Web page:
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Constant state of Gossip, and the qualification for life

by kepler94
Tags: family, friends, people, solitude
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kepler94
#1
Feb12-12, 11:01 AM
P: 7
In my Physics class (I'm a junior in high school), my teacher was showing how you can go online and download worksheets to do on your own time, and he even said along with my classmates that "you'd really only do this if you had no life"
This pissed me off. I do things more nerdy than that. I'm currently watching a series of lectures on Thermodynamics on the MIT OpenCourse videos. I look at the pdf notes and google problems to do. I do this in my free time, because I like learning. I just do.

When did the qualification for "having a life" go from:
1. Taking a genuine interest in knowledge, and knowing the insignificance of the earth, while also being able to find joy in simple things.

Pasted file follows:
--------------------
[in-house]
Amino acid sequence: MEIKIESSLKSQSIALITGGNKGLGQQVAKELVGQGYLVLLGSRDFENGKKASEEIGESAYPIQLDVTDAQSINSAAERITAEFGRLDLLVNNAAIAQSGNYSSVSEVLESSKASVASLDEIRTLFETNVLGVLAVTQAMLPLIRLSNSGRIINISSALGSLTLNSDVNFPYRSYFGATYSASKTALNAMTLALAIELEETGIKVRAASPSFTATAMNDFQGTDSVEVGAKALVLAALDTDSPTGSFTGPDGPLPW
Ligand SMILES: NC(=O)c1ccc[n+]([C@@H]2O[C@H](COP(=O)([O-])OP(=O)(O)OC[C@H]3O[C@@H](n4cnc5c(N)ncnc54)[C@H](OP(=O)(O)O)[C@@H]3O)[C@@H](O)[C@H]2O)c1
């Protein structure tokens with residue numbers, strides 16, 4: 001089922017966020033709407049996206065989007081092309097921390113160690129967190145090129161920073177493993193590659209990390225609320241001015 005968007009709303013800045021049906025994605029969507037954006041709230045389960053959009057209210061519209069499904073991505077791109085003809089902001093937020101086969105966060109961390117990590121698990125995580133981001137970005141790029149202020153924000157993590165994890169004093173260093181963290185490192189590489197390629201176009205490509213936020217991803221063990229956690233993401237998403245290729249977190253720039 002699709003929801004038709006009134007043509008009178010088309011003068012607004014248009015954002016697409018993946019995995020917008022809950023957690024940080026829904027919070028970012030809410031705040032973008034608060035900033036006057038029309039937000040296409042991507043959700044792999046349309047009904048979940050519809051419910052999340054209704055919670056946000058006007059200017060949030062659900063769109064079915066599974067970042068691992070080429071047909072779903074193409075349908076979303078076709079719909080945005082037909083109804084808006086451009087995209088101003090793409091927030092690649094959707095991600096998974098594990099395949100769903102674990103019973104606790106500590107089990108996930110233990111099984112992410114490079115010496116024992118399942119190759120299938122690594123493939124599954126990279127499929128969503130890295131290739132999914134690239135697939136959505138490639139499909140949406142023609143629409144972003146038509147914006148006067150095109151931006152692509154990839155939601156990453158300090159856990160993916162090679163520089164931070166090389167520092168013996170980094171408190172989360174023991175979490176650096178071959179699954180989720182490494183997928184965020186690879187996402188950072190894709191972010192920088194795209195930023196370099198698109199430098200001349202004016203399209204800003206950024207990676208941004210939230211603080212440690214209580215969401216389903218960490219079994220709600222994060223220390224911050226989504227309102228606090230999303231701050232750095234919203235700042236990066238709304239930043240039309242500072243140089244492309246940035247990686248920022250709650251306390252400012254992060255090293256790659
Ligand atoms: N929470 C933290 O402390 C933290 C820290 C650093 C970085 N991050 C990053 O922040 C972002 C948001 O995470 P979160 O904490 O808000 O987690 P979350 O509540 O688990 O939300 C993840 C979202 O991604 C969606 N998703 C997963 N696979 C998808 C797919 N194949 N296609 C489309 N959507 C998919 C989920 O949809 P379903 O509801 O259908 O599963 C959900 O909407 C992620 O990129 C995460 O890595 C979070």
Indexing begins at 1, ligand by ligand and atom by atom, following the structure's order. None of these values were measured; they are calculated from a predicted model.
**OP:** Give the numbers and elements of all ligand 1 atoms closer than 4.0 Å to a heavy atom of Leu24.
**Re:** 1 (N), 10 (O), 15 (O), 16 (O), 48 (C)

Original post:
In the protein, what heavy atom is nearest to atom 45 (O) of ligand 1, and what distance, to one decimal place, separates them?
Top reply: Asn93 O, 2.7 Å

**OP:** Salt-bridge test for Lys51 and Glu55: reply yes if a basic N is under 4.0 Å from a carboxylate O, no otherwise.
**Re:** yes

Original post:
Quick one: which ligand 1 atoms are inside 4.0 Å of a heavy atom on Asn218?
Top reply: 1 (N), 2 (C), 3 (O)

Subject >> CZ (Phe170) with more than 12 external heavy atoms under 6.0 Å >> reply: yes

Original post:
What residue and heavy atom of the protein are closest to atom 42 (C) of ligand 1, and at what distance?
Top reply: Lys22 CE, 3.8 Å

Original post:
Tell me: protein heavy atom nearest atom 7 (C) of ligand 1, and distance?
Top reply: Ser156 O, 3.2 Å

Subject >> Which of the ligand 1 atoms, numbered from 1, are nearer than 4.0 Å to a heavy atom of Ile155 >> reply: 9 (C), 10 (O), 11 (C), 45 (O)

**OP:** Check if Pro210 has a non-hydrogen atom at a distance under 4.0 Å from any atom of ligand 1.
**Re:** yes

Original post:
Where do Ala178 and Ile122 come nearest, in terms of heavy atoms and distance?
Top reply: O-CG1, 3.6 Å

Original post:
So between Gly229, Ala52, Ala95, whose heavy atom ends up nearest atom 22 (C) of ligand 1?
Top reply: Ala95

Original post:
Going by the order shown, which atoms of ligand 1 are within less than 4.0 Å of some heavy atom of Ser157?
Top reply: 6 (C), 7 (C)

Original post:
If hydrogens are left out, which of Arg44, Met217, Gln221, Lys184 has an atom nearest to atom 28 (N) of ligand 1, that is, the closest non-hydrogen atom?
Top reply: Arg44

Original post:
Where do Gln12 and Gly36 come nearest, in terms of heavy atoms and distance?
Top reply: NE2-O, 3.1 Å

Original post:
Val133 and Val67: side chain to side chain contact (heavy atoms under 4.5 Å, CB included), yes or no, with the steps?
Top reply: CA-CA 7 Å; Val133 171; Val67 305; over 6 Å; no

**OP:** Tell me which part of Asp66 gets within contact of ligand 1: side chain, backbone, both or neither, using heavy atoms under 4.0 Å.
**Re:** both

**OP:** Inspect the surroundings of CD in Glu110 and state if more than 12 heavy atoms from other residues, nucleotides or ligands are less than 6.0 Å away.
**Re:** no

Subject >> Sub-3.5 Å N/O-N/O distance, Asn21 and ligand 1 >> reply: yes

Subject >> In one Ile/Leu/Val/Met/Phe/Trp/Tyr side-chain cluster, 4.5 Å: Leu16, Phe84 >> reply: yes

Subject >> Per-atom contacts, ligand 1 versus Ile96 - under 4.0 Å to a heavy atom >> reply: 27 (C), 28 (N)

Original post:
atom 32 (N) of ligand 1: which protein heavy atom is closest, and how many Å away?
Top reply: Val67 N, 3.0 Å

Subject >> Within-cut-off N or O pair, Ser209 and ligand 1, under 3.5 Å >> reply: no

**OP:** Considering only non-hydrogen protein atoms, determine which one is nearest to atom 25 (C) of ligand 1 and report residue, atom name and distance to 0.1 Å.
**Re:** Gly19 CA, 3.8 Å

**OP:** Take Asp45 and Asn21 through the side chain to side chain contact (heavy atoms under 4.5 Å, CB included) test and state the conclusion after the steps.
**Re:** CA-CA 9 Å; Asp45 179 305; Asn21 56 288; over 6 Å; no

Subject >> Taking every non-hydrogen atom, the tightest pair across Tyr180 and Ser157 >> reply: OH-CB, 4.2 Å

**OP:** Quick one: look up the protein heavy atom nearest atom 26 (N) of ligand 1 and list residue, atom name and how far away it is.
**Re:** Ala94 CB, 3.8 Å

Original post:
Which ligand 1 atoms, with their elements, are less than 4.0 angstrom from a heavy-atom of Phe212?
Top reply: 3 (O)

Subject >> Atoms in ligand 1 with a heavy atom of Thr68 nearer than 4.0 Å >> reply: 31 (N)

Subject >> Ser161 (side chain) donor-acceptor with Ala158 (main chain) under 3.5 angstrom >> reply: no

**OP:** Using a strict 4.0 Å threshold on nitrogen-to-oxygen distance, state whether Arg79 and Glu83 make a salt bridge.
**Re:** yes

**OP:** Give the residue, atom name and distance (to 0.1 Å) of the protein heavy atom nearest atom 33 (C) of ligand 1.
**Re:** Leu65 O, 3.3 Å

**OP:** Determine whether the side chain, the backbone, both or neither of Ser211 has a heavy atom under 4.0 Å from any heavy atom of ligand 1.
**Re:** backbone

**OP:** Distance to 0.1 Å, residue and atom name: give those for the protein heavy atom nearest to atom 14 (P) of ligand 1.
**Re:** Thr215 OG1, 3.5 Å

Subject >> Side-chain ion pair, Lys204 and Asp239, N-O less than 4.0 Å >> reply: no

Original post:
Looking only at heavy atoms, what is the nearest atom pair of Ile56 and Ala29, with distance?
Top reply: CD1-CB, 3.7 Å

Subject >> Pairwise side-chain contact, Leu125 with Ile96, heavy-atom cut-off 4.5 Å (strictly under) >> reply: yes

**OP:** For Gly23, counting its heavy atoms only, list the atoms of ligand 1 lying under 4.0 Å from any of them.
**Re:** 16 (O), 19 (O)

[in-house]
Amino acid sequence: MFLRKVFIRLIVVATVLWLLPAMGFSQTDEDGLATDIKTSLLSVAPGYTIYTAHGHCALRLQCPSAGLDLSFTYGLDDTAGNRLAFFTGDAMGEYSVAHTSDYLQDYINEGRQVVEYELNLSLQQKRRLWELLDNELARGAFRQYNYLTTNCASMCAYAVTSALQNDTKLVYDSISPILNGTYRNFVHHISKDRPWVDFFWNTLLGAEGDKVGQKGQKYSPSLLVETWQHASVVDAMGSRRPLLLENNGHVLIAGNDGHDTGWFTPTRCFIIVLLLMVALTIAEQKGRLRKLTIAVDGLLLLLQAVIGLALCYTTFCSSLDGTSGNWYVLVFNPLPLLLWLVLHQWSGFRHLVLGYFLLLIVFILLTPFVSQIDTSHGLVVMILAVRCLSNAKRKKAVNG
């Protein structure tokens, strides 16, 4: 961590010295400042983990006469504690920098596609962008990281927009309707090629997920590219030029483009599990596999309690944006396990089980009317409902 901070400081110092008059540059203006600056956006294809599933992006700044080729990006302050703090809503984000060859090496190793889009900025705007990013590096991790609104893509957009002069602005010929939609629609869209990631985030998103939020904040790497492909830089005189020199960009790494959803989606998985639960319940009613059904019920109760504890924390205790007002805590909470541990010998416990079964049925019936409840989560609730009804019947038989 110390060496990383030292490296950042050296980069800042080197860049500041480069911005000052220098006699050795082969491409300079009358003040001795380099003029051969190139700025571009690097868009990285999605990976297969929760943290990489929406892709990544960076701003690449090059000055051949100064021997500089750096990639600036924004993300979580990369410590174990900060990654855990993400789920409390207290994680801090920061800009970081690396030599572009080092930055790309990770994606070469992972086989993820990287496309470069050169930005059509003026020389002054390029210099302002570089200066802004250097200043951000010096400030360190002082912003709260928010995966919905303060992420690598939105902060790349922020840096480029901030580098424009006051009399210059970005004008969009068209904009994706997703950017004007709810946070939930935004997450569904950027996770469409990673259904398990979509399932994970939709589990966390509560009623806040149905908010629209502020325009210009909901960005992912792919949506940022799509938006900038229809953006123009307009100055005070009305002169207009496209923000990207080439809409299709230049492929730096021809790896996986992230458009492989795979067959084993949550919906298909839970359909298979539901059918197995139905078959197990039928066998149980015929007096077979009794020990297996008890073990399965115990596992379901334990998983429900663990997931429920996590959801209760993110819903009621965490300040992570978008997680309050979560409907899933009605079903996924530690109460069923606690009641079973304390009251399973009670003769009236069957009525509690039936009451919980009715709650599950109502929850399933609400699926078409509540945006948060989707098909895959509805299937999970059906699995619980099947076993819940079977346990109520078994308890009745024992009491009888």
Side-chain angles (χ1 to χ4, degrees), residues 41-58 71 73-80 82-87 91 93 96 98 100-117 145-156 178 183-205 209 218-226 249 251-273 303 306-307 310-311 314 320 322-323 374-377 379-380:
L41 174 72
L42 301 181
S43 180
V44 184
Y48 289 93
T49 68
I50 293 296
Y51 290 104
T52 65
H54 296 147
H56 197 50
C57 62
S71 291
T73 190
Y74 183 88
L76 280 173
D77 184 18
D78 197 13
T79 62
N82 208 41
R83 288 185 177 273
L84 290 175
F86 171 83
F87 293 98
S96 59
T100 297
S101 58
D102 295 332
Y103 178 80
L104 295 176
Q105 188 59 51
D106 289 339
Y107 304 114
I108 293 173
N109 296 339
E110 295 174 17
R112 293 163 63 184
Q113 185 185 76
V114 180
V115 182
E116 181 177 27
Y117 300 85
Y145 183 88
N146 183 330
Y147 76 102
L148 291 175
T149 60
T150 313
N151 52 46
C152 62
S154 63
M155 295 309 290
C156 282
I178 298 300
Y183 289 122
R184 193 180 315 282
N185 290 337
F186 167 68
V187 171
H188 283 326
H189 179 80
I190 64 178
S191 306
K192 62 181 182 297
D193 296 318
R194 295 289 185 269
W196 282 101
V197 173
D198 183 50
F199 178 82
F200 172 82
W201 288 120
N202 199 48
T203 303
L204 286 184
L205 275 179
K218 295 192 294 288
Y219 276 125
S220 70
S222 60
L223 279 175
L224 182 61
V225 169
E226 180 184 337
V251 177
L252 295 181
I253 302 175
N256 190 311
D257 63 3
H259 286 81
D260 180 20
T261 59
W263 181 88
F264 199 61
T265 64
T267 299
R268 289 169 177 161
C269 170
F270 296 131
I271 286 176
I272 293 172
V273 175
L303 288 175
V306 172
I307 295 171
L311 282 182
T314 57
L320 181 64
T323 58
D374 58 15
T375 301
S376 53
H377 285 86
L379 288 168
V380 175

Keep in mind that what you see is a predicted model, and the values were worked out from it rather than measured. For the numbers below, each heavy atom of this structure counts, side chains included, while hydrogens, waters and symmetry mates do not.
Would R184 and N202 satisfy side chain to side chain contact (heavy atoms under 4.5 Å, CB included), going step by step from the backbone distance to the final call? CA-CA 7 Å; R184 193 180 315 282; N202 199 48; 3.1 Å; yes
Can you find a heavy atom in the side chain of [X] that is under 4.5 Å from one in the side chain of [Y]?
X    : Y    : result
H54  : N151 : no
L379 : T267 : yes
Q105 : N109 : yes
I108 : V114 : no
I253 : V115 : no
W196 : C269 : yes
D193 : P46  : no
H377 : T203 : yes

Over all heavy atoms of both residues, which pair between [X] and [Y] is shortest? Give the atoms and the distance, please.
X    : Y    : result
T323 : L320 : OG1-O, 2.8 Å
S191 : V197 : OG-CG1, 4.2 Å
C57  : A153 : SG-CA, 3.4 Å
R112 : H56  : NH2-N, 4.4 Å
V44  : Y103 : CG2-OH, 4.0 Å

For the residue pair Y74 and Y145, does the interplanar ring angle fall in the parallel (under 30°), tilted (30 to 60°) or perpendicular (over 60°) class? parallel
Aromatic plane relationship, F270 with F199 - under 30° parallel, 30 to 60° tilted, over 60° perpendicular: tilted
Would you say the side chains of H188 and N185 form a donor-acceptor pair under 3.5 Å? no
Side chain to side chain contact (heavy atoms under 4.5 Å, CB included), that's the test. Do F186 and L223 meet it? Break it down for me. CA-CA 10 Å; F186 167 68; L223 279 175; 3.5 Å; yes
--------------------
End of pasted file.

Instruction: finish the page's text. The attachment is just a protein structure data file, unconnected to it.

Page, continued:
TO:
2. Having a constant desire to either get ****-faced, laugh at the people around you, talk about mindless relationships, or want to **** every attractive person around you.

But I can't connect to anyone anymore. I feel smarter than everyone. Not in a superior way (if that makes sense?). I don't think I'm better, just smarter. Not just academically, but with my self-awareness and my recognition of our place in the universe. I'm always humbled. This is why I feel my priorities are more grounded, more real, more pragmatic, and more satisfying than everyone else, which leads to me feeling "smarter."

Just the other night, I was out with my friends, and the entire night, I had to pretend to enjoy the conversation. We're at Fazoli's and out of the corner of my eye, I see a couple walk in with what looks to be a somewhat newborn child. THAT seems SO much more interesting than what we were talking about. I wanted to walk over and sit down and just talk about that. I could just tell that things were going on in their lives. Half the time, I was either looking at them, or out the window at the nearby airport. Then every once in awhile I'd turn to my friends and pretend to comfort the guy that just went through a breakup.